Written by Dale Wasserman with music by Mitch Leigh and Lyrics by Joe Darion
Director: Robert McQueen
Choreographer: Marc Kimelman
Musical Director: Franklin Brasz
Miguel de Cervantes/Don Quixote: Tom Rooney
Sancho Panza: Steve Ross
Aldonza: Robin Hutton
June 20, 2014
Man of La Mancha opened on Broadway in 1965 and quickly entered the ranks of the classics of the American musical theatre. It is an inspired treatment of Cervantes’ Don Quixote story and continues to delight audiences all around the world. More than that, it is recognized as part of a genre that was created with commercial success in mind but is now taken seriously by non-profits far beyond Broadway. The Stratford Festival has been taking the American musical seriously for decades, but so too are opera companies everywhere. Chicago Lyric Opera, for example, presents a Rogers and Hammerstein musical every season. Can the Met be far behind?
Major composers over the years have taken an interest in the demented figure of Don Quixote, a man who believes he can right wrongs and defeat all the bad guys in this world. Richard Strausswas particularly successful with his tone poem Don Quixote, in which a cello soloist takes the role of “the knight of the woeful countenance.” The best-known operatic treatment is Don Quichotteby Jules Massenet. It is rarely performed but recently got an airing by the Canadian Opera Company(COC). Man of La Mancha has enjoyed success far greater than either one of them. Undoubtedly, one of its greatest assets is the hit tune “The Impossible Dream,” in which both words and music capture the very essence of the man Don Quixote and lend themselves to being repeated throughout the show as a leitmotif.
The other compelling ingredient is the book, the way in which Miguel de Cervantes’ early Seventeenth Century novel has been transformed into a stage play. It was Dale Wasserman’s invention to imagine a play within a play. We don’t know much about Cervantes life but Wasserman invents one that is highly credible. He imagines that Cervantes has been travelling through Spain with a small theatrical troupe when he is arrested and thrown into prison for something he did in his former line of a work as a tax collector. Cervantes is then set upon by the other prisoners and his magnus opus – the novel about Don Quixote, of course – is stolen. To save it from the flames, Cervantes improvises versions of the tales told in his novel to entertain his tormentors.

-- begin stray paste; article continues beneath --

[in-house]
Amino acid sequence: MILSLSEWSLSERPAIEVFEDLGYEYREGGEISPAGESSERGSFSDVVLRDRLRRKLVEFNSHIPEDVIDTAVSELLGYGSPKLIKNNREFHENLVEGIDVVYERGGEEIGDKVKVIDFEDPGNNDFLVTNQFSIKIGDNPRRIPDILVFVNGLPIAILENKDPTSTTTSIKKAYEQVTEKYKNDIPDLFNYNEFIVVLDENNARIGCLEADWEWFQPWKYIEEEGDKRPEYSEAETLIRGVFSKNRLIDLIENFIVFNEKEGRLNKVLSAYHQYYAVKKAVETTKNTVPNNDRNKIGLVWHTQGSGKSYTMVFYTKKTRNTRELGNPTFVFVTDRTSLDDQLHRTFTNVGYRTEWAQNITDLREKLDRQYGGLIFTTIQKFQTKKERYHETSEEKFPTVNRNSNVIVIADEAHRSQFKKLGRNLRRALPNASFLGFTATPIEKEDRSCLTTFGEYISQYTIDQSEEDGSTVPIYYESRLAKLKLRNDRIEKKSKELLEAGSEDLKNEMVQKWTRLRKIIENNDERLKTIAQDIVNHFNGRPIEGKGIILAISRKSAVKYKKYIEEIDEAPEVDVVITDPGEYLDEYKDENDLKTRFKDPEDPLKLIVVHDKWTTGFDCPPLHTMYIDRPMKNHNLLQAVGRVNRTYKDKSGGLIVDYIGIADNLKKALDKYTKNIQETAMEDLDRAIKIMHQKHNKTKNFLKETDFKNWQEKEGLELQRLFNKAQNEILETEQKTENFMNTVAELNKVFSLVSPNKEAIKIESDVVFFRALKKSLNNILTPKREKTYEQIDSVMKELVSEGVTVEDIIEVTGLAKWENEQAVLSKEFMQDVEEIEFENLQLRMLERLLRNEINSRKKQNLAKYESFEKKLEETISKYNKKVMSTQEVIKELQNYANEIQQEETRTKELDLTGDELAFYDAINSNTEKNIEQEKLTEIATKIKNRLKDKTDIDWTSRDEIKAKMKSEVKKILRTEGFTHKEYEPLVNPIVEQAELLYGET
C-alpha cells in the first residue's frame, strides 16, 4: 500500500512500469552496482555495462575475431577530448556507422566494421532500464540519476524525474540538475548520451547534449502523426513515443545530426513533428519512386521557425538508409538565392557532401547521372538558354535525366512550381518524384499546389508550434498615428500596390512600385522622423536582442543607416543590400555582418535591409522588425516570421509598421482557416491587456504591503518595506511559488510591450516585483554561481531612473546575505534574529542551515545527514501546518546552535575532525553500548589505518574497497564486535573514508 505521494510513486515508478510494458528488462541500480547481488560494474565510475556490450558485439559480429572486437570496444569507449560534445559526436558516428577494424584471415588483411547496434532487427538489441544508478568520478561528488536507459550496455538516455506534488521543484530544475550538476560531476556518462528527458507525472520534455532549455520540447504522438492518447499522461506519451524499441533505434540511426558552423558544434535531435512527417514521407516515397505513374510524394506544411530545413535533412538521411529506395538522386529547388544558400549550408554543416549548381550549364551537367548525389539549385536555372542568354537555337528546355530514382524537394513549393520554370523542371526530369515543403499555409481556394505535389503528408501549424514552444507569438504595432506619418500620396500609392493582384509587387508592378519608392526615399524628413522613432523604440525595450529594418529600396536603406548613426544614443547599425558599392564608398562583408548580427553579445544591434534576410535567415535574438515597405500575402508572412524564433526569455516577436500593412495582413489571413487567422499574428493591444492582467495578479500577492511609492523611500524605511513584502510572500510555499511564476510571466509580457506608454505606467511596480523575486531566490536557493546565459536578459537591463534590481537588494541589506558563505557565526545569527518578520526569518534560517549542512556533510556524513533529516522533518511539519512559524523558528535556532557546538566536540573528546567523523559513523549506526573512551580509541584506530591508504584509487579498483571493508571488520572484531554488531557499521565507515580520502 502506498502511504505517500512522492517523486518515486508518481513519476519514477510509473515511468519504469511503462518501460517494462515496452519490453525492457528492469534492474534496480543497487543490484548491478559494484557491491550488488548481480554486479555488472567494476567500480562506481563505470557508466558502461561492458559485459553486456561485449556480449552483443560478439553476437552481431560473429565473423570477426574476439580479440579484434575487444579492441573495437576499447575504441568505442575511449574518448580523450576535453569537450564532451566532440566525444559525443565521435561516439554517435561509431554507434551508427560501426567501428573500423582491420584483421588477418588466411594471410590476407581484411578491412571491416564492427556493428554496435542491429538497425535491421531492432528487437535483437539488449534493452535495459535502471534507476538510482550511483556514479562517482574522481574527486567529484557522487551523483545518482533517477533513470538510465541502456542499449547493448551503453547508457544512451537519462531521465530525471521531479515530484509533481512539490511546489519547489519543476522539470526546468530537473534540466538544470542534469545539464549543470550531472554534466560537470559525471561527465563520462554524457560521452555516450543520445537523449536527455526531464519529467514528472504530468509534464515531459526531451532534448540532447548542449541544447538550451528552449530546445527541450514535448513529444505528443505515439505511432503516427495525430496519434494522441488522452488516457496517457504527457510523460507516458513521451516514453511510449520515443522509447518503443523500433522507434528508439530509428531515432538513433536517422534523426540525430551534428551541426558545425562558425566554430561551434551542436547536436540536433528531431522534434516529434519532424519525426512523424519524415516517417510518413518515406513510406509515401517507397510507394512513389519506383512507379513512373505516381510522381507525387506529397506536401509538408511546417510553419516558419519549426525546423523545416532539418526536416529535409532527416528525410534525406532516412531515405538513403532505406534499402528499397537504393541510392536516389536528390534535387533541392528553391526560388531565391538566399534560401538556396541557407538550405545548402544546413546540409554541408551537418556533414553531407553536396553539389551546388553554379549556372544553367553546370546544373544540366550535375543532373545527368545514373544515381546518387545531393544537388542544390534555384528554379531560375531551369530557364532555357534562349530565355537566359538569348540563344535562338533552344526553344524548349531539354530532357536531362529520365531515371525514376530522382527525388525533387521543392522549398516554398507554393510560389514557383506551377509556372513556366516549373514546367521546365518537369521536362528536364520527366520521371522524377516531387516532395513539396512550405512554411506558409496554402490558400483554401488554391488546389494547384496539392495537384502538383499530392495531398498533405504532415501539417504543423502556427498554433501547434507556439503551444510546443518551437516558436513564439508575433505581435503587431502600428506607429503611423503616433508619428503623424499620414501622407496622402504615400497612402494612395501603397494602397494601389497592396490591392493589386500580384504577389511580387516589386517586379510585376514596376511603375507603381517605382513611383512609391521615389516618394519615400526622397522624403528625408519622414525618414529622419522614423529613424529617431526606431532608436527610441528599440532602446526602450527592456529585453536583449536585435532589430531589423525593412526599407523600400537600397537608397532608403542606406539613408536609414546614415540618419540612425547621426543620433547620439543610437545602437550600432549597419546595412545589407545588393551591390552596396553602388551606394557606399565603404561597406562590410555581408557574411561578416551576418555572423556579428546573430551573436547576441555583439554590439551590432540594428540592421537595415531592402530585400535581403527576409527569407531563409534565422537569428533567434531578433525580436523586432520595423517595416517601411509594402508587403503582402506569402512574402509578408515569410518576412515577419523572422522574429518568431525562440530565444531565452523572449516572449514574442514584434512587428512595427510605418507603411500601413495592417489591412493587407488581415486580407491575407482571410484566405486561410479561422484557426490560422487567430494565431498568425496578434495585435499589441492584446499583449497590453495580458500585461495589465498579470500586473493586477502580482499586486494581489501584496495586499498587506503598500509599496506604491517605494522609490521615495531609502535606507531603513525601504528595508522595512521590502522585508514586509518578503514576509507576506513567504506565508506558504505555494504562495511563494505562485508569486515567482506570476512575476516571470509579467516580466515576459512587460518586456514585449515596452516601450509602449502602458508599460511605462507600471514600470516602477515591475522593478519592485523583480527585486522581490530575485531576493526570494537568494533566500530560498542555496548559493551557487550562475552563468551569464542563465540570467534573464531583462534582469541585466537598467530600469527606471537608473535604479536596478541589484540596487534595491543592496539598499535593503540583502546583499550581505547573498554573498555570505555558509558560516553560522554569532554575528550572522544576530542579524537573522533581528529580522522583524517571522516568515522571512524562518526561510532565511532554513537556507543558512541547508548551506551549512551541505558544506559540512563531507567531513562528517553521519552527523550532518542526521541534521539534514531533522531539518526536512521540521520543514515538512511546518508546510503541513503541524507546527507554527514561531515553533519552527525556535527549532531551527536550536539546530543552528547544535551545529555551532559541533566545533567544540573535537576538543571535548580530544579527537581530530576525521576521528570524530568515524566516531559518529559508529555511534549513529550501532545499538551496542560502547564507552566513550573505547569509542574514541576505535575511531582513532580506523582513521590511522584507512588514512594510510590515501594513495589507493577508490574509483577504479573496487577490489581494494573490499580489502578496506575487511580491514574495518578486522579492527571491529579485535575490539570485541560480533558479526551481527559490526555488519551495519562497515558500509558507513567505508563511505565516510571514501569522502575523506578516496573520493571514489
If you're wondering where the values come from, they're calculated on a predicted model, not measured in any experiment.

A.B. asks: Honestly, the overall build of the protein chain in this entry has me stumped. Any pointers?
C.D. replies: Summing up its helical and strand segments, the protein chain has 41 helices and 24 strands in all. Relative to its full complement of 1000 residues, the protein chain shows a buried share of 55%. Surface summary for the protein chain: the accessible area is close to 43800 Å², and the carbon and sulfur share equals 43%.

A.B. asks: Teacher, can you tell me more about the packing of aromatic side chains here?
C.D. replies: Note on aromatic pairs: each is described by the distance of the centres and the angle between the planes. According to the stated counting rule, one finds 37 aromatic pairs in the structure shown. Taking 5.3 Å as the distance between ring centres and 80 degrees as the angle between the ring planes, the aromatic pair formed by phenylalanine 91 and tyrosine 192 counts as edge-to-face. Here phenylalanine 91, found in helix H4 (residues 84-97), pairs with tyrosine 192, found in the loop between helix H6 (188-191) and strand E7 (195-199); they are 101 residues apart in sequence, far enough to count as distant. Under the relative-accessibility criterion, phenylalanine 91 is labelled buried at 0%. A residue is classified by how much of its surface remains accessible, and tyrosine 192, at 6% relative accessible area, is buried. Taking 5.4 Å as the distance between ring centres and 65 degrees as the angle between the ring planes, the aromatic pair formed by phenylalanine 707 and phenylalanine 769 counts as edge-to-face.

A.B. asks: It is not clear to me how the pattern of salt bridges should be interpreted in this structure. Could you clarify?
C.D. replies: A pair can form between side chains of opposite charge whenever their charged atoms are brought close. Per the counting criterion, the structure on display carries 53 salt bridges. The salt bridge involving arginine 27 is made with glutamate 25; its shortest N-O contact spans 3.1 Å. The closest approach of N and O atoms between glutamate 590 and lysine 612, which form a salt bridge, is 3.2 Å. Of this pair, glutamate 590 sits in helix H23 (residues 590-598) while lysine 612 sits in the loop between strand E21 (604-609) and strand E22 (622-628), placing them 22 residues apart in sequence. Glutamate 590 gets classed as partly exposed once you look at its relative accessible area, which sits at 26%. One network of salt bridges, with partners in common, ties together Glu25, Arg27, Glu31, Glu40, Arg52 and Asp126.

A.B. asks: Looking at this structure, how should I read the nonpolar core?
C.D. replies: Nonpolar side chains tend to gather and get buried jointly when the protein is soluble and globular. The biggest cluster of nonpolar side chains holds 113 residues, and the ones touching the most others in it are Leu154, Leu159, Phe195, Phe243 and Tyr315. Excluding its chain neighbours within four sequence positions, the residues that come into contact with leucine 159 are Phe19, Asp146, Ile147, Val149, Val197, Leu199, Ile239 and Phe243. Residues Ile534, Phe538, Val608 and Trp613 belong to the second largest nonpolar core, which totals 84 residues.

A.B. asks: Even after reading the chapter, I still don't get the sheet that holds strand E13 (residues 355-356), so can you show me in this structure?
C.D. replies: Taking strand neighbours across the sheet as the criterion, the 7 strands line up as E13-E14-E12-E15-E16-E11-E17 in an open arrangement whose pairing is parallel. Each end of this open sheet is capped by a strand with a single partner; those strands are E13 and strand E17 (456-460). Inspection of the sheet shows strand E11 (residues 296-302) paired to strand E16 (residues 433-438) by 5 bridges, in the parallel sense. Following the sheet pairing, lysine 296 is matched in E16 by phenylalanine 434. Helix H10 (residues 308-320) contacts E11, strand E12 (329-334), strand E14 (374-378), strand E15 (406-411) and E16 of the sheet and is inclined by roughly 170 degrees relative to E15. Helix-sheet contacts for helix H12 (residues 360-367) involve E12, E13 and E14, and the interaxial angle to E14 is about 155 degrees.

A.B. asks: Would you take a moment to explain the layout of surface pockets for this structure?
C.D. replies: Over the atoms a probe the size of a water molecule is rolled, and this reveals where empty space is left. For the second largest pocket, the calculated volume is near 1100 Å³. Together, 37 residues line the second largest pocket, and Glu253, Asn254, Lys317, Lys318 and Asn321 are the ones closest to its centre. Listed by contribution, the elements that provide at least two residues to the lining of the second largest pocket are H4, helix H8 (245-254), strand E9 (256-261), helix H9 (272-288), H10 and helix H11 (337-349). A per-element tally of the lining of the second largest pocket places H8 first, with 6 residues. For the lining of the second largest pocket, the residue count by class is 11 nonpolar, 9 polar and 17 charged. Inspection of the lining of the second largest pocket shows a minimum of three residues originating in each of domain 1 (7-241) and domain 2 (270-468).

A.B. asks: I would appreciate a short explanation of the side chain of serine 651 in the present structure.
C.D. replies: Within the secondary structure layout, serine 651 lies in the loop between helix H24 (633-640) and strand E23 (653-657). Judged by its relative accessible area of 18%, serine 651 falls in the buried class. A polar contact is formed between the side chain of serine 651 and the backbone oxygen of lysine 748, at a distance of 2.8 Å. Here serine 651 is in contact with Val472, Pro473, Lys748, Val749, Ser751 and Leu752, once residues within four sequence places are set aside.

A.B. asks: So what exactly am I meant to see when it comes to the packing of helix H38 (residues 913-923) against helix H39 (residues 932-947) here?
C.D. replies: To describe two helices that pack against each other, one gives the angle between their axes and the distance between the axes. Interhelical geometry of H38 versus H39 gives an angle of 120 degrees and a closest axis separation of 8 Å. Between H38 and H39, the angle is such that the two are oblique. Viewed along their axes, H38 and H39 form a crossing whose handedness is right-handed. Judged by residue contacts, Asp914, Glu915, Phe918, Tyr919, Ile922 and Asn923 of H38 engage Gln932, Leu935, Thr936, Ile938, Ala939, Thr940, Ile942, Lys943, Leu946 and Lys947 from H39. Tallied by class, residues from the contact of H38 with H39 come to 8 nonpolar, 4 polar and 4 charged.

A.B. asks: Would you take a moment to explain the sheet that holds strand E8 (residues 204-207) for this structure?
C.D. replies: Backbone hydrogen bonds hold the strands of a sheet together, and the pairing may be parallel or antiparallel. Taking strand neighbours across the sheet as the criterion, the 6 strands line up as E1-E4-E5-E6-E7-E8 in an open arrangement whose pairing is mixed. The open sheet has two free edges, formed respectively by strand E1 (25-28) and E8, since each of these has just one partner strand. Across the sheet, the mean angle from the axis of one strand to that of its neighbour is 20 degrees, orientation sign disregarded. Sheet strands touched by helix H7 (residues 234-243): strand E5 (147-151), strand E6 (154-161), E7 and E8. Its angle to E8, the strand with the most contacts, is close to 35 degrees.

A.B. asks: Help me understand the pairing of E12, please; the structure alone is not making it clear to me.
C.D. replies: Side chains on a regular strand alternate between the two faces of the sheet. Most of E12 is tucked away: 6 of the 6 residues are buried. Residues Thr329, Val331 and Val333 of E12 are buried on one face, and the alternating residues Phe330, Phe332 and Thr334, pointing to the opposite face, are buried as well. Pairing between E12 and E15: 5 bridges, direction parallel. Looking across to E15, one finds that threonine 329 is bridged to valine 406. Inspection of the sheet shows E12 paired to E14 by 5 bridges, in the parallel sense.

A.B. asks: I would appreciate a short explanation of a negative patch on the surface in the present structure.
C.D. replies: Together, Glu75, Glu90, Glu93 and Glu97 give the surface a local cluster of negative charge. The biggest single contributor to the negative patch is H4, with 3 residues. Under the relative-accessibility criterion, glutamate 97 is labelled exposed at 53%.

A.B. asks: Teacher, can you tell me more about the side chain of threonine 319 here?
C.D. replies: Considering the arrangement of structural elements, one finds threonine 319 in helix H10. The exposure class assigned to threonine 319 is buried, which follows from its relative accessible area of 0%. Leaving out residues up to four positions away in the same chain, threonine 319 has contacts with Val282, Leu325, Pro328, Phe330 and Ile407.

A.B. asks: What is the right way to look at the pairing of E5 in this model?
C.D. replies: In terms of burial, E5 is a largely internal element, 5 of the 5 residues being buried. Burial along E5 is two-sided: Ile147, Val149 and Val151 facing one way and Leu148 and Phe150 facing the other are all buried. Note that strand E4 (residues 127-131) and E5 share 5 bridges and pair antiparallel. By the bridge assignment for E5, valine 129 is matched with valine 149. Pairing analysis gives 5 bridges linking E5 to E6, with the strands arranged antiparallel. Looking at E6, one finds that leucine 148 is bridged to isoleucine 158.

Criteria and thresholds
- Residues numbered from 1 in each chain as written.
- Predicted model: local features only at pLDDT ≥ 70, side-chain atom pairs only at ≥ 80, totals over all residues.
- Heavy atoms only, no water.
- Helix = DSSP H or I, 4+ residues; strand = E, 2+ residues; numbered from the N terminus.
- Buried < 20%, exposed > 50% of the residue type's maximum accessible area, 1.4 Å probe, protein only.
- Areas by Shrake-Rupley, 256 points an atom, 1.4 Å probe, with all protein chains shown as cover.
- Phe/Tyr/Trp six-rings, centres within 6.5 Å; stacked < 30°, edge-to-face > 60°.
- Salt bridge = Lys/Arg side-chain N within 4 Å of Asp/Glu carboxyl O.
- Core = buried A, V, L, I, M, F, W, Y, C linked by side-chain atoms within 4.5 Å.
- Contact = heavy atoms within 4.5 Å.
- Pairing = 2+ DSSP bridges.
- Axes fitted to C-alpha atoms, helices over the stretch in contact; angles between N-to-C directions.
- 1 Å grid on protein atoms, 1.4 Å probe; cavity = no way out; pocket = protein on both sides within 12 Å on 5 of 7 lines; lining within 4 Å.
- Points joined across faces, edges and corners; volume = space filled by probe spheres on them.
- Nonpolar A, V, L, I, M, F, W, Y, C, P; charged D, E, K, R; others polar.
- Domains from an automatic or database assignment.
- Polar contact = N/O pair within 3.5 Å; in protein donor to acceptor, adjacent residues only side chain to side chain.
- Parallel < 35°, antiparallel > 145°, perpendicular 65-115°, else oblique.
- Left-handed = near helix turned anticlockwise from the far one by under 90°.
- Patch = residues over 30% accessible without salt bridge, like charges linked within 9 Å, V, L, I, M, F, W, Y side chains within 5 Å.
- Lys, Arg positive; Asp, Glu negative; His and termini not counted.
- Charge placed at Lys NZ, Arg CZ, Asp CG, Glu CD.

Cervantes ultimately wins over his fellow inmates and gets his manuscript back, but more than that, he inspires them to identify with Don Quixote and dream the impossible dream.
For some observers this is pure hokum and diminishes the literary quality of Cervantes’ original novel. Many critics feel that the message of the novel is far darker than that of the musical. Cervantes’ novel, they say, is really about a mentally ill old man who sets out on a fool’s errand. He understands nothing about what is really happening in the world around him and as he confronts supposed adversaries, he is repeatedly humiliated. It is a sad story that ends badly.<
Stratford has produced Man of La Mancha before. It was done in 1998 at the Festival Theatre with Juan Chioran remembered as a superb Cervantes/Don Quixote, but this latest version is altogether worthy of the nearly 50 years history of the show.
The sets by Douglas Paraschuk are massively conceived and suitably menacing for a musical that takes place entirely within the confines of a Seventeenth Century Spanish prison. In the background, we see the blades of a windmill turning slowly. They remind us of Don Quixote’s tilting at windmills, but also of the cruelty of the Spanish Inquisition, in which men are inexorably ground down, as millwheels grind grain to dust.
In front of the windmill is a raised drawbridge leading up to some massive doors. From time to time during the play, the doors are flung open at the top of the stairs, the drawbridge is lowered with the hideous sound of chains clanking, and soldiers descend into the prison to take away more wretches for torture and execution.
Tom Rooney as Miguel de Cervantes/Don Quixote in Man of La Mancha. Photo by Erin Samuell.
The dual roles of Cervantes and Don Quixote are an extraordinary challenge for any actor. Time and again, he must pass convincingly and almost imperceptibly from one personage to the other. He must be not only a superb actor but also a singer of some stature. Tom Rooney was ideal in the role. His acting was strong but never over the top and his singing was wonderful. As both actor and singer he makes a beautiful sound with his voice, but more than that, he is able to express both the heroic aspirations of the two characters and the melancholy of their ultimate failure.
Steve Ross as Sancho Panza provided an excellent foil for his two masters, and Robin Hutton as Aldonza captured all the earthiness the part requires. Throughout the play Don Quixote has mistaken her for his beloved Dulcinea and by the end she has come to almost believe it herself. Hutton’s transformation is touching.
Director Robert McQueen’s production was excellent in all the myriad details that make a group of actors a real ensemble. There were only two scenes I found unconvincing. The first comes at the end of Act I. The gang rape of Aldonza was unnecessarily cruel and violent, and left several audience members – myself included – with a serious case of nausea as they headed out for intermission. The scene was obviously Wasserman’s idea, but it was director McQueen who made it so graphic in this production. The second comes near the end of the show. As the play unfolds, it is very clear that Don Quixote is a Christ-like figure, at least in Wasserman’s conception, but for his death scene we don’t need Don Quixote to mime a crucifixion pose. We get it without the underlining. Again, in my estimation, director McQueen went too far.